But for all its positive impacts, sharing data does not come without complications.
For businesses, research data is both costly and valuable, so opening the data it produces to other researchers is not often seen as a wise business strategy. Pharmaceutical companies have earned a bad reputation for keeping their data private, but in recent years they have actually begun to create means which by interested parties can access their patient-level clinical trials data. By cataloging thousands of past trials, these companies are offering a trove of previously-untapped, quality data of which researchers are just now beginning to take advantage.
Nevertheless, this newfound openness is the exception, and corporations aren’t the only institutions with secretive attitudes towards their data. Even top universities—producing excellent data—aren’t always eager to share their research. At many universities, conducting “original” research is a requirement for promotion. The academic boards don’t consider new analysis of preexisting data independent enough to merit personal distinction. This forces aspiring professors to keep their studies very close to the chest.
So as Alzheimer’s research advances, how can more research centers share? Dr. Bennett sees two paths forward. First, the National Institutes of Health can and already are coercing more research institutions to open their data. Second, the reward system for scientists could be altered. At many universities, if a researcher shares her data and another group uses it to publish their own findings, she gets zero credit. “We need to change the reward structure to bring it into the 21st century,” said Dr. Bennett.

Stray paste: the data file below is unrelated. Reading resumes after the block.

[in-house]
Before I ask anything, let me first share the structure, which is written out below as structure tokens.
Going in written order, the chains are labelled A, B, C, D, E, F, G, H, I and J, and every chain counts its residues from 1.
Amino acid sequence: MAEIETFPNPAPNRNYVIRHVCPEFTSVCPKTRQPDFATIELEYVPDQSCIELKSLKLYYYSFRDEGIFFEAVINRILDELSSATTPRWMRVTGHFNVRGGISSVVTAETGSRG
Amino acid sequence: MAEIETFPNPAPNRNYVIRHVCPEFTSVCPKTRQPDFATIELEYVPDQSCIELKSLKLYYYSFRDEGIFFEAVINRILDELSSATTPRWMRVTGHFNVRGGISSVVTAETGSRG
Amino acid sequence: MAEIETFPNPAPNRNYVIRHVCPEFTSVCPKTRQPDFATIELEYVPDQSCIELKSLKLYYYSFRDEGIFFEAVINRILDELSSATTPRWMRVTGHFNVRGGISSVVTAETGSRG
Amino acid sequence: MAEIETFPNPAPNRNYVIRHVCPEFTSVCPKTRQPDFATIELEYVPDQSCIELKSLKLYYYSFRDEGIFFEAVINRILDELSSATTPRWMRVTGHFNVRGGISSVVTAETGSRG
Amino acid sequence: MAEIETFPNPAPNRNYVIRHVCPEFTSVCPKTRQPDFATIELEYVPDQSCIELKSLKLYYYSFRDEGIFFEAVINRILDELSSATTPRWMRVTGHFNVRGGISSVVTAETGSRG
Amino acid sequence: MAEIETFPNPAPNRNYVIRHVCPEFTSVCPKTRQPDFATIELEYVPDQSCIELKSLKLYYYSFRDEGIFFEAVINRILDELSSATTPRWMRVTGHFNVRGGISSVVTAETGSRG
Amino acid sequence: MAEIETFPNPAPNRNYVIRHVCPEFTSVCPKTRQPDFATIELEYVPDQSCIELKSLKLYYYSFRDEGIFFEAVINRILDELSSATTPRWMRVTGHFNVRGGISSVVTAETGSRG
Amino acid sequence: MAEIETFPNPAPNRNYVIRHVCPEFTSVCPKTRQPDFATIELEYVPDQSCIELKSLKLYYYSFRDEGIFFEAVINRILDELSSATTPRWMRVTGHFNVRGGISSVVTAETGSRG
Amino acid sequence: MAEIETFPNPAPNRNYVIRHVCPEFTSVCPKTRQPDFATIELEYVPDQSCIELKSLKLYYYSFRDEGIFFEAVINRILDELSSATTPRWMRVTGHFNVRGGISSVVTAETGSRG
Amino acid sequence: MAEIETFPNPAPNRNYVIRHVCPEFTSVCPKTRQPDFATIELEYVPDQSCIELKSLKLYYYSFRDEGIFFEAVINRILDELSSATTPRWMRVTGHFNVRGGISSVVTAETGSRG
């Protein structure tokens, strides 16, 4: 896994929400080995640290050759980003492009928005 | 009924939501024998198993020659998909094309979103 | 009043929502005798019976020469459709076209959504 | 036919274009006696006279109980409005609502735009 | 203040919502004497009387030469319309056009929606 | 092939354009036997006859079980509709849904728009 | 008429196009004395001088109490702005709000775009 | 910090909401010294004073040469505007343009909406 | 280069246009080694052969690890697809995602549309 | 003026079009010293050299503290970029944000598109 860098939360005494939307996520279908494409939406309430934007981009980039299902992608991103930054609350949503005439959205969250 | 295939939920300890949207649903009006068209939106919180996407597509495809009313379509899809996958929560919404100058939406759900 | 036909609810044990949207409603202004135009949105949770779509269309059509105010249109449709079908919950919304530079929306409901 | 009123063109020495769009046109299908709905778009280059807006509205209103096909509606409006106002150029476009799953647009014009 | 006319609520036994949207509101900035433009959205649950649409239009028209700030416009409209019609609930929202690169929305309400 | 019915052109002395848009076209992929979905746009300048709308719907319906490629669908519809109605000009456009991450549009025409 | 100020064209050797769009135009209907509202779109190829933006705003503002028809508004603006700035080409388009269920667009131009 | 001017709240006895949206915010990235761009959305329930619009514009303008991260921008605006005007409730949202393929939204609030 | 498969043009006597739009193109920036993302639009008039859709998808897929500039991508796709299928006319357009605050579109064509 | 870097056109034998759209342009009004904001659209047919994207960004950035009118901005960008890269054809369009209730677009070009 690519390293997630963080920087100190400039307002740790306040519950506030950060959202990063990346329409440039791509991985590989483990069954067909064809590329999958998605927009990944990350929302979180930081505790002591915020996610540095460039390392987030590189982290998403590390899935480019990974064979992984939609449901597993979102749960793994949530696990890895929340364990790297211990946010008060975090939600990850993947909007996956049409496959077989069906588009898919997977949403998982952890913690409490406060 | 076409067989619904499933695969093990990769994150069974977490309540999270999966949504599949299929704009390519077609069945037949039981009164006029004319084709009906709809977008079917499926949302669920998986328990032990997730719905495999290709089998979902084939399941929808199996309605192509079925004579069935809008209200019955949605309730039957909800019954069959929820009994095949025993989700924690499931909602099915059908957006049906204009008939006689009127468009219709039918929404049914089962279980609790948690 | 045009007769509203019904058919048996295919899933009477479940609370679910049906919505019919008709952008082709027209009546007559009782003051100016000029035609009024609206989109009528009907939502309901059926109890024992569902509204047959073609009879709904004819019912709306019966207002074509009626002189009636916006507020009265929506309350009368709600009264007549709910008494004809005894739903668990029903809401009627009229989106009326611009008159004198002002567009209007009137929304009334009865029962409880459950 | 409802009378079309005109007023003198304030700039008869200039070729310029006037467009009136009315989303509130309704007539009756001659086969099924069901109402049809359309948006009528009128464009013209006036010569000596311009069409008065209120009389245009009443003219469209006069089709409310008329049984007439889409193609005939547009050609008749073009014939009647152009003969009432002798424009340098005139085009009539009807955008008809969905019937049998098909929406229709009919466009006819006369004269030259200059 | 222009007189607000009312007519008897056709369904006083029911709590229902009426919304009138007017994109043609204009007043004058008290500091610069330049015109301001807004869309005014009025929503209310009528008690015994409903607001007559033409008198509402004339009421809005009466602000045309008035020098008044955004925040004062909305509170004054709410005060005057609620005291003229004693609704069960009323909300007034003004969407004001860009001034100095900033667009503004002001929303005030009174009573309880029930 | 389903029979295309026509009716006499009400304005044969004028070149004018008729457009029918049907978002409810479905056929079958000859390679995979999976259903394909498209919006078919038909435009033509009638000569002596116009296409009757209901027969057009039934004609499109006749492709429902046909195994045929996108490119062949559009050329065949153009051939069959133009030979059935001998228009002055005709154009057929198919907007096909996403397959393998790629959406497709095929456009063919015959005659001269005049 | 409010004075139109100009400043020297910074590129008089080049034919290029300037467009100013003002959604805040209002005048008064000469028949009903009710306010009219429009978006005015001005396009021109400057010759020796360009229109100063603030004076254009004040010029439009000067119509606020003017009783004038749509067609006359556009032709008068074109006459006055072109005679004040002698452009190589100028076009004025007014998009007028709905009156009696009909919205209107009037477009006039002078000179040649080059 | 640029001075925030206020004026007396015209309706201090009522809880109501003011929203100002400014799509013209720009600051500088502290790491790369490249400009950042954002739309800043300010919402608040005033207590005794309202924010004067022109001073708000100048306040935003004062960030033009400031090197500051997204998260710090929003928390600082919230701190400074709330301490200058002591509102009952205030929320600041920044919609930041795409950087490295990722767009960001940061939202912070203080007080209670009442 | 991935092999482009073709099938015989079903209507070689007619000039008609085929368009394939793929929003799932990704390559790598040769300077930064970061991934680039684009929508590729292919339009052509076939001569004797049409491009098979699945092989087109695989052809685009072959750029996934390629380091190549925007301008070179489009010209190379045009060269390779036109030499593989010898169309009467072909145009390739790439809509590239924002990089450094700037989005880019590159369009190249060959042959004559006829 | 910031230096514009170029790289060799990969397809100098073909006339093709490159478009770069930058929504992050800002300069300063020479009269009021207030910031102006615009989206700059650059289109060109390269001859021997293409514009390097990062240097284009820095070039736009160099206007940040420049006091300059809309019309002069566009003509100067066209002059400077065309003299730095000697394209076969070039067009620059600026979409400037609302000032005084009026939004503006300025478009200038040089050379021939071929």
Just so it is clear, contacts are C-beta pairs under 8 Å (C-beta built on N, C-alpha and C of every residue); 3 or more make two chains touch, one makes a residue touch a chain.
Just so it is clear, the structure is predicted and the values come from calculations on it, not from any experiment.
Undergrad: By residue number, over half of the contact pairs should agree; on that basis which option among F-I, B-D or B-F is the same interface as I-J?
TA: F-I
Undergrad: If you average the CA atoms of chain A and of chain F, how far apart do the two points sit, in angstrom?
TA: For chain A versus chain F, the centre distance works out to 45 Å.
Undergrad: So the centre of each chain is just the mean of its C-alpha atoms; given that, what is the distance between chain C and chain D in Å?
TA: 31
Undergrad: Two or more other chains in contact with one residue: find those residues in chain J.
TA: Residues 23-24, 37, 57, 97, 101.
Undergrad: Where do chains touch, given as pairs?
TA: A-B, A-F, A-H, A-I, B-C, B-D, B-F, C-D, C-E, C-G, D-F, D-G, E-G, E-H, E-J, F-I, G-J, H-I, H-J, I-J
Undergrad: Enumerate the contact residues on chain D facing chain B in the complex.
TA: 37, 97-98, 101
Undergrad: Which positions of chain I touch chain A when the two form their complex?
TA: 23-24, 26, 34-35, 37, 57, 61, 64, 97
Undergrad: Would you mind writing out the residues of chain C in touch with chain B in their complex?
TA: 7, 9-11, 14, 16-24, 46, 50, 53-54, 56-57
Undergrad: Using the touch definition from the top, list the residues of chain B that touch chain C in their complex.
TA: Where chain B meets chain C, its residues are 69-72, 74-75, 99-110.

Interestingly enough, the physics field has long embraced a team-oriented view of progress. Smashing atoms and building rockets require thousands of people from varied backgrounds. Young researchers work with their mentors, rather than under them. A single physics paper can have over 400 coauthors. Everyone works together, and everyone thrives together.
Likewise, Alzheimer’s disease, Dr. Masliah said, “is not something one lab or one person working in a silo can resolve. It takes a huge effort by the whole community.”
University of Chicago
 Navar, Ann Marie, Michael J Pencina, Jennifer A Rymer. “Use of Open Access Platforms for Clinical Trial Data.” JAMA. 2016; 315 (12): 1283-1284. doi:10.1001/jama.2016.2374